Sciascia's story-essay discusses everything from the details of the trial and the difference between Italian and American rules of evidence to the hypocrisy of a code (embodied, he thinks, in the Gentiloni Pact) "dedicated to the cult and celebration of appearances, to the need to save them even at the expense of truth." His indignation is tempered with a fine sense of humor and irony, a kind of bittersweet, affectionate dismay:

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"Even the most rabid petitioners for divorce couldn't fail to admit that the Italians were not yet `ripe for divorce with the approval of a good proportion of the `unripe.' This matter of the Italian's `unripeness' for certain liberties, even for liberty itself, is an amusing if irksome opinion...."

But the strongest stories are the middle two. Both are set in 1989, the year of their author's death.

In "Death and the Knight," a saturnine, cultivated deputy inspector investigating the murder of a prominent lawyer finds himself pursuing two avenues: One leads to a radical terrorist organization, which may or may not exist, the other to a powerful and influential industrialist, who jokingly - or seriously - threatened to kill the victim shortly before his death. The ever more complex web of possibilities and interconnections the deputy discovers becomes a metaphor for the riddling beauty and mystery of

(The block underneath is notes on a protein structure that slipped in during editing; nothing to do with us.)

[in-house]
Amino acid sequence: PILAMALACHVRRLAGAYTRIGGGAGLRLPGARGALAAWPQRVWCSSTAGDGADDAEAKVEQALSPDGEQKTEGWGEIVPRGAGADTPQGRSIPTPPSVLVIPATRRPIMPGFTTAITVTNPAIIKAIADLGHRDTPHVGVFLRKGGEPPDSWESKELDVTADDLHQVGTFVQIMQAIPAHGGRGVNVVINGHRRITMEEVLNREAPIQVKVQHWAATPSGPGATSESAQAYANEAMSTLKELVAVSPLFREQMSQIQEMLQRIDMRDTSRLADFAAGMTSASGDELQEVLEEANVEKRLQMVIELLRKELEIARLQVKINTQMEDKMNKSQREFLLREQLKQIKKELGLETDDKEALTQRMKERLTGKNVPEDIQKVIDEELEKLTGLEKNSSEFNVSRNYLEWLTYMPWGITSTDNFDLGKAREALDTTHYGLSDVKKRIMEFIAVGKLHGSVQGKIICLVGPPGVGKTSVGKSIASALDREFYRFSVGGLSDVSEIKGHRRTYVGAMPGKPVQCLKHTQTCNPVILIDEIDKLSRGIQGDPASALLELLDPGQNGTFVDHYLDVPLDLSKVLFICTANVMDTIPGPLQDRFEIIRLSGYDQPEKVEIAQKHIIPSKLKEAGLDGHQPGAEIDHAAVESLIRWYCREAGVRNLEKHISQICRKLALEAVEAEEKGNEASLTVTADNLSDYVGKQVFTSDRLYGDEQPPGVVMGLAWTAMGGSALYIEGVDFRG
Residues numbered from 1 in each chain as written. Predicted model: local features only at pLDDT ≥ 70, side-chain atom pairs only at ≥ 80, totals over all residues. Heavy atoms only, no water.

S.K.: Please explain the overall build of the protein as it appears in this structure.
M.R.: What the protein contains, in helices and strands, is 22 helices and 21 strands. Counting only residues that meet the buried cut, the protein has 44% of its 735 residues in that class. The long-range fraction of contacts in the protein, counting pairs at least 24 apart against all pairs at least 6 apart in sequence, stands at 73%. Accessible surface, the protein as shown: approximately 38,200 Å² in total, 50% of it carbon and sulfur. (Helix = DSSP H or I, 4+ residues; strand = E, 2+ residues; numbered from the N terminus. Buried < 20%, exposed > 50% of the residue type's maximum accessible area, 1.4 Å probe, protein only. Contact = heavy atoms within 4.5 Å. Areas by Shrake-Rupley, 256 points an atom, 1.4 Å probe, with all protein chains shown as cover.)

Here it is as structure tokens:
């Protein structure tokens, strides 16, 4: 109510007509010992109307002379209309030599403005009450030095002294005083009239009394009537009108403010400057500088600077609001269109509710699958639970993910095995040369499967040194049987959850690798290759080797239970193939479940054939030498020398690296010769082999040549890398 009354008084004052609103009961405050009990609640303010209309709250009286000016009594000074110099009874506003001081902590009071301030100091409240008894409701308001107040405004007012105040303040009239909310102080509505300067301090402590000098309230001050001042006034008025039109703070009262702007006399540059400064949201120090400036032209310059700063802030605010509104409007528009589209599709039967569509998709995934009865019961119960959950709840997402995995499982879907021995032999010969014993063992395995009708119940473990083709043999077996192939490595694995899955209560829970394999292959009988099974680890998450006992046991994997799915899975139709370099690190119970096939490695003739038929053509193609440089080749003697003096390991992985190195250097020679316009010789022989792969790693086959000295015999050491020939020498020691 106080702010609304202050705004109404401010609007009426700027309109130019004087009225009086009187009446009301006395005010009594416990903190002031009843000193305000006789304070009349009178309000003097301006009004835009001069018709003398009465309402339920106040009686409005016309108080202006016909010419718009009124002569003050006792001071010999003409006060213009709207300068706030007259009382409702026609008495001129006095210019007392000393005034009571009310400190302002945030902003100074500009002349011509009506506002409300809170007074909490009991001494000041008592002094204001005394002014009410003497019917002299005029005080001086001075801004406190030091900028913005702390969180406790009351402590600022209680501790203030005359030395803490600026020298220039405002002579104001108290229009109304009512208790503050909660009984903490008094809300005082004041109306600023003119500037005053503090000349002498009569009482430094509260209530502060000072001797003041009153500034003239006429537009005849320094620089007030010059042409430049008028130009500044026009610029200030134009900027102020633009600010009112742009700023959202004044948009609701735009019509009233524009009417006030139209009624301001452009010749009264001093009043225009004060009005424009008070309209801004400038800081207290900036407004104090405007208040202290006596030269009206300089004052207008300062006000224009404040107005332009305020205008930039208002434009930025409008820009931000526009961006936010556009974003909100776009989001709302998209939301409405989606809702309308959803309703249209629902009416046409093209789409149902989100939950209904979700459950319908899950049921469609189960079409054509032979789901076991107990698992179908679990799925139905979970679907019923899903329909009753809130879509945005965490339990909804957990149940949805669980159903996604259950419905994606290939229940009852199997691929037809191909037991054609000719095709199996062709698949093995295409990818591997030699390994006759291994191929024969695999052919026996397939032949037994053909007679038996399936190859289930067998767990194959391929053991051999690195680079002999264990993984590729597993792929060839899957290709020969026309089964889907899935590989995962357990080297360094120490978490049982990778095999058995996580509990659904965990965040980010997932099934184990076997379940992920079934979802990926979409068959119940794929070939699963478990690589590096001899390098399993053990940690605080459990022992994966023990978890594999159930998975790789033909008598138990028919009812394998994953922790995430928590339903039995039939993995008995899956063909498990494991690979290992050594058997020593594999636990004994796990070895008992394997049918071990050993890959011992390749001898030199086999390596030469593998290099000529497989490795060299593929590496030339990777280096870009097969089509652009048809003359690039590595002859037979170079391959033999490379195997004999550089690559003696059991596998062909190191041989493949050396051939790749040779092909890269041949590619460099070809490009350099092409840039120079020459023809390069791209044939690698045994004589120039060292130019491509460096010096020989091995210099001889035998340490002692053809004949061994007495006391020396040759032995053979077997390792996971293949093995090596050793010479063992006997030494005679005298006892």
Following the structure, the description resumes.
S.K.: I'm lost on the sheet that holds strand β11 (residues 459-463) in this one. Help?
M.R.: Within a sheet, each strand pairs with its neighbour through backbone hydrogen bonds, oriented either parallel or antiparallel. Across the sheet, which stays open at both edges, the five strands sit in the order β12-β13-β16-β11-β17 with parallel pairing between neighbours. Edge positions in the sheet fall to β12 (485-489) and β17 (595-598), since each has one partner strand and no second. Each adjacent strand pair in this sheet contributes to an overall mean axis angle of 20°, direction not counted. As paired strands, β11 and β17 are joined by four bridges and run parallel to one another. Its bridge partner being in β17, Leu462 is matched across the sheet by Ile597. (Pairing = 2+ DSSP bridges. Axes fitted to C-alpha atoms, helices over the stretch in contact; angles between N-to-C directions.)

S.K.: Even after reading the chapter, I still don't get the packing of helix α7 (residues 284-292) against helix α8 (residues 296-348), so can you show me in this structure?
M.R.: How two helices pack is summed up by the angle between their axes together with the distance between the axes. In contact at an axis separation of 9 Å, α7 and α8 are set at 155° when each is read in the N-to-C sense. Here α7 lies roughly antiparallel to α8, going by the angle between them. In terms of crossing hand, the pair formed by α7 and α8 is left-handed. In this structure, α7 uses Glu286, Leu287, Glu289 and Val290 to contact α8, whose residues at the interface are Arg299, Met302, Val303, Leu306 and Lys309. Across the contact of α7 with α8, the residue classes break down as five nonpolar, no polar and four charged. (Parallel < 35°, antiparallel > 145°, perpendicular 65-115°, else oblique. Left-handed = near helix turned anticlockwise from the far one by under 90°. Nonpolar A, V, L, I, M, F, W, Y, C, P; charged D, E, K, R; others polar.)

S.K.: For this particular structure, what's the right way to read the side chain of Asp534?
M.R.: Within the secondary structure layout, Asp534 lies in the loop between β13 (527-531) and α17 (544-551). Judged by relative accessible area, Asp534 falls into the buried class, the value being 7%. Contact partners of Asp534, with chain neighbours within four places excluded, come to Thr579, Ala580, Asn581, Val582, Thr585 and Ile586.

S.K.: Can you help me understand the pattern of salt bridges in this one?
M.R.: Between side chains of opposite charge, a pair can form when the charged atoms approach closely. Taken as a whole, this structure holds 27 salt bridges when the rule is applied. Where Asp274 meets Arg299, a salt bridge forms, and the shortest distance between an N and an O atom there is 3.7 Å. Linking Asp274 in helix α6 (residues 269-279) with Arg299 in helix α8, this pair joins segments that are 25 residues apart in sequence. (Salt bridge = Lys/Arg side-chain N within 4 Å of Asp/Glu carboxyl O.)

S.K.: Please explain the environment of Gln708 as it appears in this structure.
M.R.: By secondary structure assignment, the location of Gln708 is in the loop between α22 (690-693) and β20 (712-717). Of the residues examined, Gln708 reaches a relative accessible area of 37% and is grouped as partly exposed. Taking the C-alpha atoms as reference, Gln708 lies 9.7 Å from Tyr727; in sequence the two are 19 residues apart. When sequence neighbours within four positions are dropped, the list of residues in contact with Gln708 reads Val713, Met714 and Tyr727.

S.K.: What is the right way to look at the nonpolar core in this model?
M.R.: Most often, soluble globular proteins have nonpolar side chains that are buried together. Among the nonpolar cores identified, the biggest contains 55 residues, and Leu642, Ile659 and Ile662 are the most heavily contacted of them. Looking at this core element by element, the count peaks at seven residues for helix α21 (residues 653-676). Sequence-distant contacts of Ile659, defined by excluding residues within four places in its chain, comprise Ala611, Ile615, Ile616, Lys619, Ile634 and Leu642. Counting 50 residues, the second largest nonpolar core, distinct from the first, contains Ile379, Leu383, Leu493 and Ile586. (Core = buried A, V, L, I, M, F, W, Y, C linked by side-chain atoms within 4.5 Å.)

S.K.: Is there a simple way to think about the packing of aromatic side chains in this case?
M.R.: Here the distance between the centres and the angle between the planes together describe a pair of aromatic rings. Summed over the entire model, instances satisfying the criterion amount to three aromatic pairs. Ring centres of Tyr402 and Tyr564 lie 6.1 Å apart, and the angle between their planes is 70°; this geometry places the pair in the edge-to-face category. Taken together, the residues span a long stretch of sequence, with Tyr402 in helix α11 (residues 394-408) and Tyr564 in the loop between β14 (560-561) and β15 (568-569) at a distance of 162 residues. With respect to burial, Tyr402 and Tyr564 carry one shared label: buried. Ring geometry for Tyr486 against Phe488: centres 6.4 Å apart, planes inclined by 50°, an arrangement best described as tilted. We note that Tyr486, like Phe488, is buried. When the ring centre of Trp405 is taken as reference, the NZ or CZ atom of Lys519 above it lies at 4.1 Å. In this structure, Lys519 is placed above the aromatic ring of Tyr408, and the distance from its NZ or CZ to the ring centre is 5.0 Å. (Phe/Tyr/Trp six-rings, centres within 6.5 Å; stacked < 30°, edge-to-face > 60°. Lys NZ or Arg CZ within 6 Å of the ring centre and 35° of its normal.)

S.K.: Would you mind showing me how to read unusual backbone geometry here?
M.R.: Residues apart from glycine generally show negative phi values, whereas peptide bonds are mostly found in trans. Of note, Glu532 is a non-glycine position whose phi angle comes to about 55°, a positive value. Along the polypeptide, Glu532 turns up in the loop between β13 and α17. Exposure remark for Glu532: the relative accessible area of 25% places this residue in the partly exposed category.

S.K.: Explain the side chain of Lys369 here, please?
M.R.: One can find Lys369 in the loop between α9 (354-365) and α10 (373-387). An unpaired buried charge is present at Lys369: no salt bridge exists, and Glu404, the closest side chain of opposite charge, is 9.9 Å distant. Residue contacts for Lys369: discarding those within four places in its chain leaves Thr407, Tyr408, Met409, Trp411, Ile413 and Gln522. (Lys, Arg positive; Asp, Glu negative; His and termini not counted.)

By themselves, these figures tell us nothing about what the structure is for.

life itself.

"A Straightforward Tale," as we might have expected from this author, is anything but. This story pits a police officer against his superior, who wants to overlook the possibility of murder in favor of a verdict of suicide. As the facts of the case emerge, the junior officer not only finds his suspicions confirmed, but also finds himself on a collision course with his colleague.

Both of these briefer tales have the elegance, complexity, suspense, and surprise that readers of detective stories expect, along with the political and moral resonances one expects from Sciascia. But neither of these tales nor the longer pieces have the imaginative vigor we expect from the best fiction, or the cogent reasoning we admire in the greatest essays. There is a lot to admire about Sciascia's writing, and much of interest that he has to say. But somehow, disappointingly, almost nothing in these

tales catches fire.